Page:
Many doctors suggest you withdraw by taking one pill every other day for a few weeks before stopping. There is no guideline that advocates this or evidence that supports it and the approach is misguided.
One of the first steps to consider is getting a liquid formulation of your antidepressant. This can be done by asking your doctor to approach the local primary care pharmacist who can make an application to one of the specialist companies such as Martindale’s or Rosemount that can make up a liquid formulation of almost any antidepressant you might be on - see below.
There are 2 theories about what leads to dependence and withdrawal that dictate slightly differing management plans.
One theory is that the relatively short half life of paroxetine and venlafaxine make these two drugs more problematic. This leads to a withdrawal strategy that advocates switching from paroxetine or other drugs to fluoxetine.
The second is that paroxetine and venlafaxine are relatively more potent serotonin reuptake inhibitors and this theory leads to a switch to less potent serotonin reuptake inhibitors such as citalopram or one of the older antidepressants such as imipramine.
Either approach is facilitated by having access to treatment in liquid form.
Paroxetine, fluoxetine and imipramine come in liquid form and anyone having difficulties with withdrawal should insist on access to the liquid form of one of these drugs or a special formulation of the drug they are on.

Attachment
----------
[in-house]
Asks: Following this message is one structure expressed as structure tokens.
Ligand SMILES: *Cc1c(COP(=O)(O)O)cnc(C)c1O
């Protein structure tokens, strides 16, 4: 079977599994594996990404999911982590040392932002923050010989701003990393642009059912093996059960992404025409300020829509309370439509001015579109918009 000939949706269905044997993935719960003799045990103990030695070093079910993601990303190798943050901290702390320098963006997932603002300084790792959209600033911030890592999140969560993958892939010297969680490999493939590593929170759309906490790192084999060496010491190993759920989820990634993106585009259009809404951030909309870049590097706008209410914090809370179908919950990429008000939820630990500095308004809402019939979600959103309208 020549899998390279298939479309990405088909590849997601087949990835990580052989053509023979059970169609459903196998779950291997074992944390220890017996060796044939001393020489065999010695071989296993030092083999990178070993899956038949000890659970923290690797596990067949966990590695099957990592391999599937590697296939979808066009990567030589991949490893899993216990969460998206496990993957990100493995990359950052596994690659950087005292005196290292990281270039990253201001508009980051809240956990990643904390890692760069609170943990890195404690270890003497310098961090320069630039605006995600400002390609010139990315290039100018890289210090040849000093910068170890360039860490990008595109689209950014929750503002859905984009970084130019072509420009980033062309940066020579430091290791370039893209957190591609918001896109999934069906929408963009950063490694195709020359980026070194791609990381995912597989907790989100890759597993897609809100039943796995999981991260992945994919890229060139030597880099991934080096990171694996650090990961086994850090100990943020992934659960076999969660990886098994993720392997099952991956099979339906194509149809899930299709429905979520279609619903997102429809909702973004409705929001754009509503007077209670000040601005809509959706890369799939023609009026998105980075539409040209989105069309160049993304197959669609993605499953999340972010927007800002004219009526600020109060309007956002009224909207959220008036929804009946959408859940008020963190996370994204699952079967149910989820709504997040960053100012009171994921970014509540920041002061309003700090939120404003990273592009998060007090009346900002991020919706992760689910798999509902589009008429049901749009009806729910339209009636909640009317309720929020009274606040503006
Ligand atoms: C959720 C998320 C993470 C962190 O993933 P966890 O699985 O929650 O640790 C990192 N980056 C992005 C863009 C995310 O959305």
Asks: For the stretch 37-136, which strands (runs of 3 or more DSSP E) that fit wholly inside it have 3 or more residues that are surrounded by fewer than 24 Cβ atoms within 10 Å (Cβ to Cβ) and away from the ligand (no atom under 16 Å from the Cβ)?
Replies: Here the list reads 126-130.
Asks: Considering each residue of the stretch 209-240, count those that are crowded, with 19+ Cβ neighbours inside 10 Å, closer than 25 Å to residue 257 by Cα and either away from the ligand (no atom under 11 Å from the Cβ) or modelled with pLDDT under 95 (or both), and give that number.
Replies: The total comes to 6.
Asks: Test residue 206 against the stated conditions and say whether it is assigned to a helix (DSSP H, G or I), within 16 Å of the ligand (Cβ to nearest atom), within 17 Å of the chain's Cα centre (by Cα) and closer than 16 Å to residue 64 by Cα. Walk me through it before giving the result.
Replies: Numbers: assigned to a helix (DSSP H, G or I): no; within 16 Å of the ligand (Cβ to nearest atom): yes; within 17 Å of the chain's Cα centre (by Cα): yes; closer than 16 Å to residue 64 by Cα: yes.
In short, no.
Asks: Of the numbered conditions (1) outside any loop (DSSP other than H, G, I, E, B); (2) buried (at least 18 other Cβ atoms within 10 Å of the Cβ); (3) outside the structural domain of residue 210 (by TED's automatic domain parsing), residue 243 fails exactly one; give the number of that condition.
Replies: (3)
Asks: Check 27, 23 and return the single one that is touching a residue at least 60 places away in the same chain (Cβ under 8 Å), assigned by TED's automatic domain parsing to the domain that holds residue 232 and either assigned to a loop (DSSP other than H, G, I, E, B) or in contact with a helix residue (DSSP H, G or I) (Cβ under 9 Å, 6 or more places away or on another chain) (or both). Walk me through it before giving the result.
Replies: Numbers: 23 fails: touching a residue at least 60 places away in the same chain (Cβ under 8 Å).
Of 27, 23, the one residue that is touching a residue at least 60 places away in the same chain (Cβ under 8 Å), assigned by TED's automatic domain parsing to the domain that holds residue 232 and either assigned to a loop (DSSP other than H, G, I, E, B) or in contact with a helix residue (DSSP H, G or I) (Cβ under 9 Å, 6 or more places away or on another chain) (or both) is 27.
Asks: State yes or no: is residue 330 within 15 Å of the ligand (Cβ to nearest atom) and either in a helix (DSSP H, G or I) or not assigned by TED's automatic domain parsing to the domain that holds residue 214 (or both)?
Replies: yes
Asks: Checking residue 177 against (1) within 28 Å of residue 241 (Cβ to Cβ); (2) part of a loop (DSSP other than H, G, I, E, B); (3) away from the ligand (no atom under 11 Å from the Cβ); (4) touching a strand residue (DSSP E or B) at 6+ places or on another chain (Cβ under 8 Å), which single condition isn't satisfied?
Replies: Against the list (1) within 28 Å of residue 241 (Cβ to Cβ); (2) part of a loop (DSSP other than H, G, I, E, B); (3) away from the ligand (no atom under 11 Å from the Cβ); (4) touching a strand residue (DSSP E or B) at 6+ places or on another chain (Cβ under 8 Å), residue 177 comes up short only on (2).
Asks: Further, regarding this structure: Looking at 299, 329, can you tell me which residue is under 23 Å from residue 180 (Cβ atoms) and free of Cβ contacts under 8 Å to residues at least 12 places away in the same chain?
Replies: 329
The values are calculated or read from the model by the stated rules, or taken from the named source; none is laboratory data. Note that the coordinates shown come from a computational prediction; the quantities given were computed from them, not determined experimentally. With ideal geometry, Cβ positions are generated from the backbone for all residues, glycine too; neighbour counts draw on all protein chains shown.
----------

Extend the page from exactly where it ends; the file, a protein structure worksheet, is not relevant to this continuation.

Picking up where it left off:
1A Convert to a liquid form of the drug you are on. If this is paroxetine 20mg then reduce by a comfortable amount in weekly steps - see below. This may mean reducing as little as 1 mg per week and being prepared to stop and stabilize if things get too difficult. For some people depending on the drug and their own physiology, there may be a need to go very slowly, others may be able to go faster.
The Reduced Potency Approach
1A Taking this approach, the best option is to change to Imipramine 100mg. This comes in 25mg and 10 mg tablets and also in liquid form. It is the first serotonin reuptake inhibitor. It is much less potent than the SSRIs, and has been used widely for children for a range of problems.
1B Another option is to have a mixture of 50 mg imipramine with 10 mg paroxetine or fluoxetine.
The Half-Life Approach
1A Convert the dose of SSRI you are on to an equivalent dose of Prozac liquid. Seroxat/Paxil 20mg, Efexor 75mg, Cipramil/Celexa 20mgs, Lustral/ Zoloft 50mgs are equivalent to 20mg of Prozac liquid. The rationale for this is that Prozac has a very long half-life, which helps to minimise withdrawal problems. The liquid form permits the dose to be reduced more slowly than can be done with pills.